Farm Ireland

Friday 19 January 2018

Trial plots point the way as fantastic July tees up crops for 2013's harvest

Helen Harris

Helen Harris

What a fantastic July we have had. The sun shone and the crops look really great because of it. They have turned inside out since the long cold spell during spring. It was heartening to see the combine back in the field for the start of this year's harvest.

When I hear the combine roar and smell the fresh straw it gives me the shivers - all our work during the year has come to this.

There is something almost romantic about having tea and sandwiches in a freshly-cut field. The long days and warm nights, chatting with your neighbours, and all the comings and goings.

At the beginning of the month we went around looking at various trial plots with Teagasc, Drummonds and Syngenta. These are very informative days. You can see in practical terms what the difference is between crops. It can be fungicides, fertilisers or varieties.

They cover a wide range of comparisons. This time last year we were impressed with a new variety of winter wheat we saw in one such trial called Avatar.

We grew it this year and so far it looks good and it will be interesting to compare it to some of the other varieties, especially JB Diego, which did very well for us last year. This year is no different with another couple of varieties catching our eye.

One is a new barley called Volume which is a six-row hybrid. There were also very impressive winter wheat varieties called Leeds and Dunmore. The Leeds trial plot had huge heads and if you could get it to grow like that in a farm situation you would have a bumper crop.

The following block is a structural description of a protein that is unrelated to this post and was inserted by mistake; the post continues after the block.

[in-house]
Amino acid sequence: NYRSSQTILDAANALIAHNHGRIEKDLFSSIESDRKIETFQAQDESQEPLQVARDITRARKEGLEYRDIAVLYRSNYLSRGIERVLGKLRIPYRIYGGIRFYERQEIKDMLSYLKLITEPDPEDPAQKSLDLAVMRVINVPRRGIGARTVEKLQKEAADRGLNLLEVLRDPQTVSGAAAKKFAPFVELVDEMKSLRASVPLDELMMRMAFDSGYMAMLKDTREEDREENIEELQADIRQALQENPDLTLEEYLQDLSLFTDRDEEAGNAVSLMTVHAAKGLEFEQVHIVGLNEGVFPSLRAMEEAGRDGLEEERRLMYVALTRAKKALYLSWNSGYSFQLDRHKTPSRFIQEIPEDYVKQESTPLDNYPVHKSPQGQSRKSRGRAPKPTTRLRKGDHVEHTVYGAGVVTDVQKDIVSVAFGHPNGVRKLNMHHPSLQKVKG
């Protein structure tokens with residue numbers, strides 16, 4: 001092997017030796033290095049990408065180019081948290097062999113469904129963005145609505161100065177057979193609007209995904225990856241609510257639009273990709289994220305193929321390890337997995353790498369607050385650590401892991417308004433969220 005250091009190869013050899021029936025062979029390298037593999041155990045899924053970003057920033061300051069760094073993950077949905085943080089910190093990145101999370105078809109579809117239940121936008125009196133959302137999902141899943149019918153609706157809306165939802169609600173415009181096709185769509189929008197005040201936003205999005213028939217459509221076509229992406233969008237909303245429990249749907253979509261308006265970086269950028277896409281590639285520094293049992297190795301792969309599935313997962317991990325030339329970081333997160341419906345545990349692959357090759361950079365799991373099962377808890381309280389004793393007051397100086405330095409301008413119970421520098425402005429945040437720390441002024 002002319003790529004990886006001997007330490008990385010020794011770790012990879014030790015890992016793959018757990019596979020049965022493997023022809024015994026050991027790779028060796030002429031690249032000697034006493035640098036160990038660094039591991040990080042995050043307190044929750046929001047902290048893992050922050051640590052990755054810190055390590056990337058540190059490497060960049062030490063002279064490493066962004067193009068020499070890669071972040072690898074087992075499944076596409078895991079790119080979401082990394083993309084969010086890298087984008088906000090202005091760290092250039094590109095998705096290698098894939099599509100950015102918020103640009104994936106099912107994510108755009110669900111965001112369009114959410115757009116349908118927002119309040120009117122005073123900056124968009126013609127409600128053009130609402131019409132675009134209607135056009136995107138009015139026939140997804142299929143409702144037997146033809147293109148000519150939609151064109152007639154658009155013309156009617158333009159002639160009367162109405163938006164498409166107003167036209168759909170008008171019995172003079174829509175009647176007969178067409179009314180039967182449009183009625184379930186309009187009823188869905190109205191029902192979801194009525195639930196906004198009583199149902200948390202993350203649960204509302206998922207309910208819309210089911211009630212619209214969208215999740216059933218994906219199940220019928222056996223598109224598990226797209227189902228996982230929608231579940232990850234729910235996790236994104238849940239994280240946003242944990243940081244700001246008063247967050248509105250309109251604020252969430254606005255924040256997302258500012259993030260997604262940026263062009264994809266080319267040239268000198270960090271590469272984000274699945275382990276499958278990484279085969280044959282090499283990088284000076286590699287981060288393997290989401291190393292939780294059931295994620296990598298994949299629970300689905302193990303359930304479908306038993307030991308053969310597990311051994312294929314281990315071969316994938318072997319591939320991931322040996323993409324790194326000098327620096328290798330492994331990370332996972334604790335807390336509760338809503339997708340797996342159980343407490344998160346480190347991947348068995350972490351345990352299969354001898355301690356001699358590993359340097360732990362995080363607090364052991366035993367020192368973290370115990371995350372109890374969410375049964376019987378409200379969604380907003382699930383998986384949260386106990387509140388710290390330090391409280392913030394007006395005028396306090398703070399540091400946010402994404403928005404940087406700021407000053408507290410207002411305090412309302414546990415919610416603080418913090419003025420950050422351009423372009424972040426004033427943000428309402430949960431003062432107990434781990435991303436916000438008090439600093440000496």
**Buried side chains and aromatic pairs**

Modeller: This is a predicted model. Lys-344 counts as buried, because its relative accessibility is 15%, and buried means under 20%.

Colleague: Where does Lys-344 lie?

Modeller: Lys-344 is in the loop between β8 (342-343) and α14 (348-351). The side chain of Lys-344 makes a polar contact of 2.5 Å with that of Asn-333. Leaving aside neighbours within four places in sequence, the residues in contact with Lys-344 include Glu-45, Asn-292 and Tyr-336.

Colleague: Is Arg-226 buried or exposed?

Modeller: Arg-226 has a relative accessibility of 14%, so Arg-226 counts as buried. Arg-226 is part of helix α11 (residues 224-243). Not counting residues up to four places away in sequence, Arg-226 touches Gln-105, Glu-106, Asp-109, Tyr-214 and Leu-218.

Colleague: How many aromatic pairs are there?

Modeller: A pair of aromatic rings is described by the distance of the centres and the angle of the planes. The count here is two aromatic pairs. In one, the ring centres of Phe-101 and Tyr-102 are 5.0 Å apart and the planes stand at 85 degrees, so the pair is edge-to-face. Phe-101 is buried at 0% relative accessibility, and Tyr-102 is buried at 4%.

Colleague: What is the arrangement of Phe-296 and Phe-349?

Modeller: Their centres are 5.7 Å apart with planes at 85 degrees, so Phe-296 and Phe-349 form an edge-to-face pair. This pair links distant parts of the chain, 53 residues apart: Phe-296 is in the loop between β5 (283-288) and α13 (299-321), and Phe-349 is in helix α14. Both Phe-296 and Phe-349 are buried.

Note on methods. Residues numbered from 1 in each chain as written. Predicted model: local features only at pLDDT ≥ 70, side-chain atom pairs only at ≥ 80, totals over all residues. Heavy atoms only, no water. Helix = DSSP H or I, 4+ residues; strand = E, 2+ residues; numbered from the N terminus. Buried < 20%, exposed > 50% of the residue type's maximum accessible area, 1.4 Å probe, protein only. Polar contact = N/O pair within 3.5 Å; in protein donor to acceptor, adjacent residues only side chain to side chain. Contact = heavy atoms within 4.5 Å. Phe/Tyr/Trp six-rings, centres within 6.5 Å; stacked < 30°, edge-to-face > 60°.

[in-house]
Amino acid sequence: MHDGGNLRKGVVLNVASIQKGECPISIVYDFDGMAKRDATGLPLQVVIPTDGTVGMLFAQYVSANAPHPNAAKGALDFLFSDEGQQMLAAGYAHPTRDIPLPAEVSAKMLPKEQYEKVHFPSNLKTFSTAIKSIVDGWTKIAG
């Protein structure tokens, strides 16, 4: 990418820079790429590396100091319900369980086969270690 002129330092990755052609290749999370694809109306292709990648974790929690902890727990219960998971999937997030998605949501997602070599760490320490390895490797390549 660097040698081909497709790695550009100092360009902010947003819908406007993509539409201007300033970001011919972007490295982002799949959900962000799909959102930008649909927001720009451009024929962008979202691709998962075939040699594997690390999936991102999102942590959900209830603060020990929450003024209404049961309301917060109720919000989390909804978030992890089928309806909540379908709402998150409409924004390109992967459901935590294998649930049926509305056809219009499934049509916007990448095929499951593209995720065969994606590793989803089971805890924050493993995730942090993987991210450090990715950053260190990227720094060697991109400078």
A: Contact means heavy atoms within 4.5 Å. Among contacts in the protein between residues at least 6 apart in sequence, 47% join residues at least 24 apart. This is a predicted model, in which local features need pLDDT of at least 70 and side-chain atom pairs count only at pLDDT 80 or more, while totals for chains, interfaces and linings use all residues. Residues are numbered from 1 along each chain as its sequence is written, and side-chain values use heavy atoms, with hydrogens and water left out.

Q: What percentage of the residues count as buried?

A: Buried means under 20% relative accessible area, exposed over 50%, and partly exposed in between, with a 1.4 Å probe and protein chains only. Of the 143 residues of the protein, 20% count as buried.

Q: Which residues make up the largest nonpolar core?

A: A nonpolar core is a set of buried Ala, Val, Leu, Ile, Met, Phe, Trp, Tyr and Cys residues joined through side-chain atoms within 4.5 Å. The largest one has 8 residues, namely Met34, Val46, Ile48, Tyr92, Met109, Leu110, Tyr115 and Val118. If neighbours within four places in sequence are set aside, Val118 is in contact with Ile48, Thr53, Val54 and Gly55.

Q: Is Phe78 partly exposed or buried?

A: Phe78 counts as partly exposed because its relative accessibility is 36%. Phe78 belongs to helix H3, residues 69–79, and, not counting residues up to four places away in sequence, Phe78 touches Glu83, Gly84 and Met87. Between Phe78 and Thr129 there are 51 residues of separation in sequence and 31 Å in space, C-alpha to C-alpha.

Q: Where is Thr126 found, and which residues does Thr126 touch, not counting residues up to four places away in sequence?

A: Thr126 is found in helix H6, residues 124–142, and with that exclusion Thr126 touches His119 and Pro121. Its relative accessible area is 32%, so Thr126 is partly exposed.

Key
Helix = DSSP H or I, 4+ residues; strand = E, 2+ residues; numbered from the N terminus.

We have also had some varieties that looked great in trial plots, but never repeated the same results in a farm situation.

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We try to get a small amount of a new variety every year. If it does well we can use it for seed the following year. If it does badly we haven't risked too much.

Some of the fungicide plots we saw were very similar because of the low pressure this year. However, with this warm showery weather I would imagine they would look very different now.

We have cut our Cassia winter barley and it did very well at about 4t per acre. I'm not as confident with our spring barley as it still looks thin.

The winter wheat looked greener for longer this year and I don't know if that will affect the harvest date or not. It is changing colour every day in the warm sunshine. The heads are bright and yellow and soon it will be starting to sway.

We have a few very busy weeks ahead of us in August as we will be cutting our oil seed rape (OSR) and then trying to replant after the winter barley with more OSR for next year. At the same time we hope to be cutting the winter wheat and spring barley.

We will try to get as much stubble cultivation done as we can. If we need any drainage work or the hedges cut it all this all has to fit into a very tight window of time.

The ESB have tried to change a pole in one field and every year we ring them to tell them that the field is clear to work on and every year they arrive too late as the crop is sown.

Maybe this is the year we get the new pole.

This year for the first time we went with a semi-dwarf variety of OSR. It was a roller-coaster of a crop. It came out of winter looking good. Then the pigeons cleared the field. At the end of the day it looks as though it has very good potential so we are now thinking of growing another semi-dwarf next year. The dilemma is that we have to order seed before the crop is cut. Hopefully this is the right decision.

Helen and Philip Harris are tillage farmers in Co Kildare. Email: Twitter: @kildarefarmer

Irish Independent